The Maricopa County Republican Party’s move to strip Grant Woods and two other members of a precinct committee of their voting rights was illegal, interim County Attorney Rick Romley said.
In an Oct. 21 letter to county Republican Chairman Rob Haney, Romley said a party bylaw that allows for such a penalty if members endorse candidates of other parties conflicts with state law.
“Arizona law creates certain voting rights for elected precinct committeemen at the county and state committee levels. A party bylaw that would revoke these voting privileges is inconsistent with the state statutes creating those voting privileges,” Romley wrote.
The county GOP’s Executive Guidance Committee voted on Oct. 7 to strip Woods, Sue Gerard and Kahryn Nix of their voting rights after they publicly backed Democrat Felecia Rotellini for attorney general.
Haney disputed Romley’s opinion and said he plans to speak with the party’s legal counsel about whether the county GOP can still strip the three wayward members of their voting rights. The chairman said he is considering a number of options, including seeking a new opinion from Romley’s incoming successor, asking the Legislature to intervene or forcing a court case on the issue.
Haney said he may seek a more favorable opinion from Bill Montgomery, who beat Romley in the GOP primary and will replace him immediately after the election is certified. Haney said he might ask the Legislature to pass a bill that would ensure the party’s right to enforce the bylaw, or he may continue to deny the three members of their voting rights, regardless of Romley’s opinion, and force a court case that would settle the matter.
“It is absolutely within the statutes that the party can take policing action,” Haney said. “I’m checking legal counsel and seeing what we’re going to do.”
In his letter to Haney, Romley cited a 2001 ruling by Arizona Supreme Court Chief Justice Rebecca Berch, which he said showed that the “mandatory nature” of state law regarding the selection of party leaders includes the voting rights of members of a precinct committee. Berch wrote that the statutes, “provide the means by which government officials can determine the identity of the legal representatives of political parties so that the government officials may perform their statutory duties.”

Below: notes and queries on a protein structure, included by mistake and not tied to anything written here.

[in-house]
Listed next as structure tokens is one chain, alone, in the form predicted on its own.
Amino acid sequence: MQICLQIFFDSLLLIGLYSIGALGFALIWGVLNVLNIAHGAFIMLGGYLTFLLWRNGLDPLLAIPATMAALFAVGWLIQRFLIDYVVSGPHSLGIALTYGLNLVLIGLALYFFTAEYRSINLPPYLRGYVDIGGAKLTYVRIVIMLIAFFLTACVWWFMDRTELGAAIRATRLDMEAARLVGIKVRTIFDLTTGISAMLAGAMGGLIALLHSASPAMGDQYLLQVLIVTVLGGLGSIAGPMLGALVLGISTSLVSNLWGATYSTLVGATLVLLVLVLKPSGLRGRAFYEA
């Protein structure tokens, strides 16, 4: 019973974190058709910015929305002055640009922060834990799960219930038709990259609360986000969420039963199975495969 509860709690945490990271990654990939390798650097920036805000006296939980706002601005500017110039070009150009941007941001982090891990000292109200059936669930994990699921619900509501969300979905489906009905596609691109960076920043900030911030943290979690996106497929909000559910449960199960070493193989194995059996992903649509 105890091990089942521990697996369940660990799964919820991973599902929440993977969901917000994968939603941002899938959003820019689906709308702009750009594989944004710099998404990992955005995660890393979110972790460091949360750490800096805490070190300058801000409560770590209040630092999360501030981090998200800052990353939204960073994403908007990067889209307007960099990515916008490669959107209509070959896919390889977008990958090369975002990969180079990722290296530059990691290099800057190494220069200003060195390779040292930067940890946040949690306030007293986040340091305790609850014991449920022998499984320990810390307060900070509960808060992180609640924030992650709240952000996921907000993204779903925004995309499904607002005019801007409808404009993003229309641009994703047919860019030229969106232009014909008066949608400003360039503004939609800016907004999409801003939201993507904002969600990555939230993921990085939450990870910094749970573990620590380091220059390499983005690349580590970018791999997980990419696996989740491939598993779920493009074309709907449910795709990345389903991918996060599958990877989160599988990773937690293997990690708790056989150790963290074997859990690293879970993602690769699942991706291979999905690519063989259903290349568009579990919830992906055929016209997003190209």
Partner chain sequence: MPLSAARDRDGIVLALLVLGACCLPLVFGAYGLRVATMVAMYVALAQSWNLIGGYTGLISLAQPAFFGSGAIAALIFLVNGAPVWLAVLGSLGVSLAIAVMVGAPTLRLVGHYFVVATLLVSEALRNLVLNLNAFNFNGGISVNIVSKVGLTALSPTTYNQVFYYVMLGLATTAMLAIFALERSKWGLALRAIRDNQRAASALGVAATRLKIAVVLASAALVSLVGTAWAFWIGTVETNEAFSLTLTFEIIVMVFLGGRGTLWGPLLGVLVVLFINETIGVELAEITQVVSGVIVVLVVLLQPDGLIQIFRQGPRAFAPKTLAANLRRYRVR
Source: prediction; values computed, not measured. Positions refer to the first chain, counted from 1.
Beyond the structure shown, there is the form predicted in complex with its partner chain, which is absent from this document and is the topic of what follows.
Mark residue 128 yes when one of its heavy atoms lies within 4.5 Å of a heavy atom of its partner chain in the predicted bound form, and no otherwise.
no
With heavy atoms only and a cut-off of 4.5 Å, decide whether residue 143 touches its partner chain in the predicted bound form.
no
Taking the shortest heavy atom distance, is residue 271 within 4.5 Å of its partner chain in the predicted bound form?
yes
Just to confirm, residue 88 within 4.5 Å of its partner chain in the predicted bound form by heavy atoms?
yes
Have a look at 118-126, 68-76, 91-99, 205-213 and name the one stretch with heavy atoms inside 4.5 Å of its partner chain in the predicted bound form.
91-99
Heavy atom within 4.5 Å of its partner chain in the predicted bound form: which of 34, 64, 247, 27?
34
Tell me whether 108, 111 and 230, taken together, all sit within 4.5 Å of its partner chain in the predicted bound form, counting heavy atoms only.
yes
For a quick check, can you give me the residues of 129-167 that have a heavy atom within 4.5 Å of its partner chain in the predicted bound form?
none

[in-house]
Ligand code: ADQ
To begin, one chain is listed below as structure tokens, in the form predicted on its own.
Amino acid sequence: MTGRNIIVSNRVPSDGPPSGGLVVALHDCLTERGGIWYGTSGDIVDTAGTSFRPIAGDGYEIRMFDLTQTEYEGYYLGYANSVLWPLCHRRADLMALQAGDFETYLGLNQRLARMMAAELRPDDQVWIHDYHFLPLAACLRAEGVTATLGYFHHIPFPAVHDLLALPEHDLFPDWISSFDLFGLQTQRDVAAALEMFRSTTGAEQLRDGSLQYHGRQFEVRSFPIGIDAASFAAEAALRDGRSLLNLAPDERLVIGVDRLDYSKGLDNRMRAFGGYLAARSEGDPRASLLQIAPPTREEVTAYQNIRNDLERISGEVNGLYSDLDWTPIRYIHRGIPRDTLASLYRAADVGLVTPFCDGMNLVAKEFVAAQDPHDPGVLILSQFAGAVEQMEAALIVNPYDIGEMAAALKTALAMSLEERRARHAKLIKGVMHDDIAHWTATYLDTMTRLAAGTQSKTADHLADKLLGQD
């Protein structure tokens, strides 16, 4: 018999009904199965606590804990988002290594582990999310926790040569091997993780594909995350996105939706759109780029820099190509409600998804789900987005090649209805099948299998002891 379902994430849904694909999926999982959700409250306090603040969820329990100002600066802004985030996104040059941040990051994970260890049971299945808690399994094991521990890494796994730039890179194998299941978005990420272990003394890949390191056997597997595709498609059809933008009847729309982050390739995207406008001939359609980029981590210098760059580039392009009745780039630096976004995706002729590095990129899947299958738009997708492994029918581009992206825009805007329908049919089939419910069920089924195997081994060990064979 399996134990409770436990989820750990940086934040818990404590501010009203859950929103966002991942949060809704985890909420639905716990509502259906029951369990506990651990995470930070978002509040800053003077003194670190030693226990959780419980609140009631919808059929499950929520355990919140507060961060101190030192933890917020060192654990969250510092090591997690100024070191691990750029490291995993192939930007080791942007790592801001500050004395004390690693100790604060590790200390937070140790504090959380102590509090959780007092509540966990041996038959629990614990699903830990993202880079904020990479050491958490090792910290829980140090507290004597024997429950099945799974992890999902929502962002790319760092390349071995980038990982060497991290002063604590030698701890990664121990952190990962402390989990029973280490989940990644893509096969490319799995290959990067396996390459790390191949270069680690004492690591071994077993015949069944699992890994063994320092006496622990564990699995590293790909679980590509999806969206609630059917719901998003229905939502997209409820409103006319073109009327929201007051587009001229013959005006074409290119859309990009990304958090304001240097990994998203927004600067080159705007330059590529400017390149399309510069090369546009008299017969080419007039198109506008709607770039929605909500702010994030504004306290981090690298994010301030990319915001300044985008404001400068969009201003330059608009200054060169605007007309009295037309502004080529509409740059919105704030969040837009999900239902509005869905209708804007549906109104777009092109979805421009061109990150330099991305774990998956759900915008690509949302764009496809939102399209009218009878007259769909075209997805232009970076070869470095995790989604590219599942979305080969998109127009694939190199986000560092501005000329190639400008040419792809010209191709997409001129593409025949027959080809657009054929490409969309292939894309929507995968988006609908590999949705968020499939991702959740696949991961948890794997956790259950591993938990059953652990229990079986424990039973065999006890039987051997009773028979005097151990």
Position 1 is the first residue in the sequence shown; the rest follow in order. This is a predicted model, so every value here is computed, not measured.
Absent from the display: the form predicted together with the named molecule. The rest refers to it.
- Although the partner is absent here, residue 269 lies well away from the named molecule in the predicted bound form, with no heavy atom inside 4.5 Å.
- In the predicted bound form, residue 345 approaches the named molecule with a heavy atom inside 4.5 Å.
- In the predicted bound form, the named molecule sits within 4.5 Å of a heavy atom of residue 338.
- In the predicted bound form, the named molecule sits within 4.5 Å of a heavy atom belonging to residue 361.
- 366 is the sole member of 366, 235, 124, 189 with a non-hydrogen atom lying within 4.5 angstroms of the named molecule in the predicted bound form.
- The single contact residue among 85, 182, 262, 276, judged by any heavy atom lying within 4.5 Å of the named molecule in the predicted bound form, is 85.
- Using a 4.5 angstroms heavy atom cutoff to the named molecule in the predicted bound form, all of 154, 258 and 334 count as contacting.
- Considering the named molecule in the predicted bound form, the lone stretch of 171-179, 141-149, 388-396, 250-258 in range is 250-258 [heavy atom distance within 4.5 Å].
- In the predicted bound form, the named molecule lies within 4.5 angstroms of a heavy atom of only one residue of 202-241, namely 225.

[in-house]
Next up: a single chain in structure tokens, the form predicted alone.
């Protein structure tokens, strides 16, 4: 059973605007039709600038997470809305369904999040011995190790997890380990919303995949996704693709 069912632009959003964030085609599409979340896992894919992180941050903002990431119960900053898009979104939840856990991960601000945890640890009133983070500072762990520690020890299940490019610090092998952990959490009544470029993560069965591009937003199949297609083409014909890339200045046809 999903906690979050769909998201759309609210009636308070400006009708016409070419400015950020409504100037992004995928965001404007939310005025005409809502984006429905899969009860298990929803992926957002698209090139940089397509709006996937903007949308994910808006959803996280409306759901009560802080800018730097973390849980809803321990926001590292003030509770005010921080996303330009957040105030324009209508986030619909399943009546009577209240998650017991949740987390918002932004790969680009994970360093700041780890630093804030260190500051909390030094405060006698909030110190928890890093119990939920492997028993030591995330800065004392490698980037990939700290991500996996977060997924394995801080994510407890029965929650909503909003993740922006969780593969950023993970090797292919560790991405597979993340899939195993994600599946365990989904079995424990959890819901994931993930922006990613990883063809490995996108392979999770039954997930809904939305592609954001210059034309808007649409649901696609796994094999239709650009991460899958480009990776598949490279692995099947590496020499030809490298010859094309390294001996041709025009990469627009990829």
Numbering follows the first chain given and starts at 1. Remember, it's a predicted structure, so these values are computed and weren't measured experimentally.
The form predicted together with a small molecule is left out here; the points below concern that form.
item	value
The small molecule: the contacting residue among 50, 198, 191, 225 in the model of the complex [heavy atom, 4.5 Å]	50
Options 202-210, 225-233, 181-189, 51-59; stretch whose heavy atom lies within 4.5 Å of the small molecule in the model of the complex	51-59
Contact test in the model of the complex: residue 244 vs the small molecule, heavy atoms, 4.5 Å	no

ARS 16-821, states, “Only a precinct committeman elected at the primary election prior to the date of a state or county committee organizing meeting shall be permitted to vote at such meeting.” Romley wrote in his opinion that the statute, “can be read to grant elected precinct committeemen the privilege of voting at the county committee organizing meeting.”
Haney said Romley should have recused himself due to a conflict of interest. The party’s Executive Guidance Committee endorsed Montgomery over Romley in the GOP primary, Haney noted, and Romley has a history of endorsing Democrats in general elections.
The party’s Executive Guidance Committee voted 21-2 to strip Woods, Nix and Gerard, an ex-lawmaker and former director of the Arizona Department of Health Services, of their voting rights after the three publicly backed Rotellini over GOP nominee Tom Horne. Woods, who hired Rotellini during his time as attorney general, headlined the “Republicans for Felecia” event in September and even starred in a television ad run by a pro-Rotellini independent expenditure.
Haney said he believes the party would be able to actually strip Woods, Gerard and Nix of their status as precinct committee members under the party’s bylaws, but said he has no intention of doing so. The decision to take away their voting rights was a way for the party to punish them for betraying the county GOP without seeking the harshest possible retaliation, he said.
“If everybody did what Grant Woods did, well then we wouldn’t have a very liable party,” Haney said. “That borders on treason. Why not be a Democrat if you’re going to do that?”